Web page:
…of what lies ahead. Regardless, the calendar says that by now we should have located our snow removal gear and made sure that it’s in good repair, ready for action. If you’re mechanized make sure you’ve got the right oil in the engine and a full tank of gas.
How about your supply of sand or ice melter? In an emergency you can use a pelletized fertilizer but the runoff may put more nutrients in places you don’t need them. And refresh your memory by reading the directions on the ice melter you have. Generally they are salts and may damage concrete.
Think back over winters past. What problems did you have? And what should you do differently? Was your plow or shoveling pattern really the best? Did you find yourself walking over the same territory again and again? Or did you have to pick up and carry too much? Where did you pile the snow? Was it all in one pile that turned to ice and took months to melt when spring finally arrived?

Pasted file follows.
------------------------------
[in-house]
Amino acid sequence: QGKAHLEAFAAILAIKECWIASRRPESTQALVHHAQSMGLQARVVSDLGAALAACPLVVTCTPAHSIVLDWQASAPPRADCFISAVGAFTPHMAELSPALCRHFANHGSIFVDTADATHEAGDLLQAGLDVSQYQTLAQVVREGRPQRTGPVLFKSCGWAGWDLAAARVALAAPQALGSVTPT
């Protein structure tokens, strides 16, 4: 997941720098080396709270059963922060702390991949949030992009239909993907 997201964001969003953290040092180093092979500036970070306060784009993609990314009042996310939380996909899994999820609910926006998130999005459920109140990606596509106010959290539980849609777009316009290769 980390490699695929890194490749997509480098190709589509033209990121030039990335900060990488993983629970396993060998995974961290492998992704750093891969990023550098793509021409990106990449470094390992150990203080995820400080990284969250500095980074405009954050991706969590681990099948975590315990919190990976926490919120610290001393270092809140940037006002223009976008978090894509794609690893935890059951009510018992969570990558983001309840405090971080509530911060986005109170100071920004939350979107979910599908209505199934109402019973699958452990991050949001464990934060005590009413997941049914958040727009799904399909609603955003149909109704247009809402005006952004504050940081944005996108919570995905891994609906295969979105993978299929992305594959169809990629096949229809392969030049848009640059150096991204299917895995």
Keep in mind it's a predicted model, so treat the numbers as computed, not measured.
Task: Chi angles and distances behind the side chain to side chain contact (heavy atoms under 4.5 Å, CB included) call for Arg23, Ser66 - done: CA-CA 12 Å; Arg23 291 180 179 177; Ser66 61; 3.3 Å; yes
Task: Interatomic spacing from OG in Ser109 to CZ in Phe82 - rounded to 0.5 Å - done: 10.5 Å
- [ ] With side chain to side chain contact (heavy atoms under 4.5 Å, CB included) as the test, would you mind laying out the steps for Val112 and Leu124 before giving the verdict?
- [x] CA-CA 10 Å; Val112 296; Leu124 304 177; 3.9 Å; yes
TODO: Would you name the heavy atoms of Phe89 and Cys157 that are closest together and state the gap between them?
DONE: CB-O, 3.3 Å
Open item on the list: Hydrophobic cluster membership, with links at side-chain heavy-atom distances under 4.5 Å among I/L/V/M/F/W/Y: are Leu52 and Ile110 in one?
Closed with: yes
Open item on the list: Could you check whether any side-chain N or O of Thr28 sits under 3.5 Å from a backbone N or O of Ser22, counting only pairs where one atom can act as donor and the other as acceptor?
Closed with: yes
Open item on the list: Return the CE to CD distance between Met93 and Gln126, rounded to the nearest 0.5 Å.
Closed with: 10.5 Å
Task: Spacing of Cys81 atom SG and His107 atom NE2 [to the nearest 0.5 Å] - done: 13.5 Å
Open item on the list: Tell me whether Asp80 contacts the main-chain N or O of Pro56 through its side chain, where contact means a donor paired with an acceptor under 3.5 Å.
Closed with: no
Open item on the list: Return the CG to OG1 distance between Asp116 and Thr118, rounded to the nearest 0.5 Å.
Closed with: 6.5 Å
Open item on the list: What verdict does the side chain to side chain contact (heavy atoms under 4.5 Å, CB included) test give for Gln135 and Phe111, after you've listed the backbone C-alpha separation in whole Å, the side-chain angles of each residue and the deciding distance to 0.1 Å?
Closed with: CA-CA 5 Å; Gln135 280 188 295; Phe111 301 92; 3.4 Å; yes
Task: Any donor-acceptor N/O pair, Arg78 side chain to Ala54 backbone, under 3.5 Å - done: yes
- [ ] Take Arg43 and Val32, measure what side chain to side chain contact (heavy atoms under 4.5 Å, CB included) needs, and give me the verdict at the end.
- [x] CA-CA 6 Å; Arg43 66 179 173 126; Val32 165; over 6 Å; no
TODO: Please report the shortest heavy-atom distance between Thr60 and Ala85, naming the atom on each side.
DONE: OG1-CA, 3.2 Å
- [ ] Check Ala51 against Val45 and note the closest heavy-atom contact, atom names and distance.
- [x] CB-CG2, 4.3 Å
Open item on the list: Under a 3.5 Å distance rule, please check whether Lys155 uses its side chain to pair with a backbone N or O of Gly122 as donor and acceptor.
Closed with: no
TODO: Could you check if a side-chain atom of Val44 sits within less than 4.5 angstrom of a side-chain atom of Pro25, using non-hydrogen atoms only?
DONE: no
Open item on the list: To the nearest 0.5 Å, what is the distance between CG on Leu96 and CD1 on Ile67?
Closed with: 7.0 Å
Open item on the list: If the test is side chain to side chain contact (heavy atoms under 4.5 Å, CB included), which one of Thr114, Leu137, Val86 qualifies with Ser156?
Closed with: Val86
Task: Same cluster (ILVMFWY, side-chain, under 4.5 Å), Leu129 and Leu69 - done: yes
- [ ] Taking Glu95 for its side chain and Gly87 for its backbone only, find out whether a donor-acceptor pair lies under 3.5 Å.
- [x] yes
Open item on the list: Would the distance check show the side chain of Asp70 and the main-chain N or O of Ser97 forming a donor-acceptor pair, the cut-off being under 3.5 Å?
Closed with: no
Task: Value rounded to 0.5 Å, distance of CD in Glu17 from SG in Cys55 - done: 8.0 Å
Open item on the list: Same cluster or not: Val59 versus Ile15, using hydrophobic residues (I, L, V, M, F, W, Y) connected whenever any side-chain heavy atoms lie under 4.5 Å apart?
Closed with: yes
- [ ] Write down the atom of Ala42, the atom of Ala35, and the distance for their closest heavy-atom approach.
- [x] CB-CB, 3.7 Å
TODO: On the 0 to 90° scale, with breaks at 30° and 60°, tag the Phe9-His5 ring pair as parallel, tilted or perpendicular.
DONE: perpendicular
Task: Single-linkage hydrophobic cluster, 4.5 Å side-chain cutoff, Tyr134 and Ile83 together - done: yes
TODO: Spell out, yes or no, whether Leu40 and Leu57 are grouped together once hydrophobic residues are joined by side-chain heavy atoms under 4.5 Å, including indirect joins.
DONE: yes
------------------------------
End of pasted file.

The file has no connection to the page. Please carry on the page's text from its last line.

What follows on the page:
Did any of your woody plants have problems with snow or ice? Should your plan include gently brushing or shaking any particular shrubs to dislodge snow while it’s still fluffy?
Do you, should you, make special arrangements for your pets? Are you feeding wildlife? While you’re at it, where’s your own Arctic weather outfit?
But my bottom line is the recommendation that if snow is in the forecast you should plan to get up early. Get outside before breakfast and get the snow removed before people drive or walk on it, compacting it, turning it to dangerous ice and making it much more difficult to remove.
Written by Glenn Palmer, Extension Master Gardener Volunteer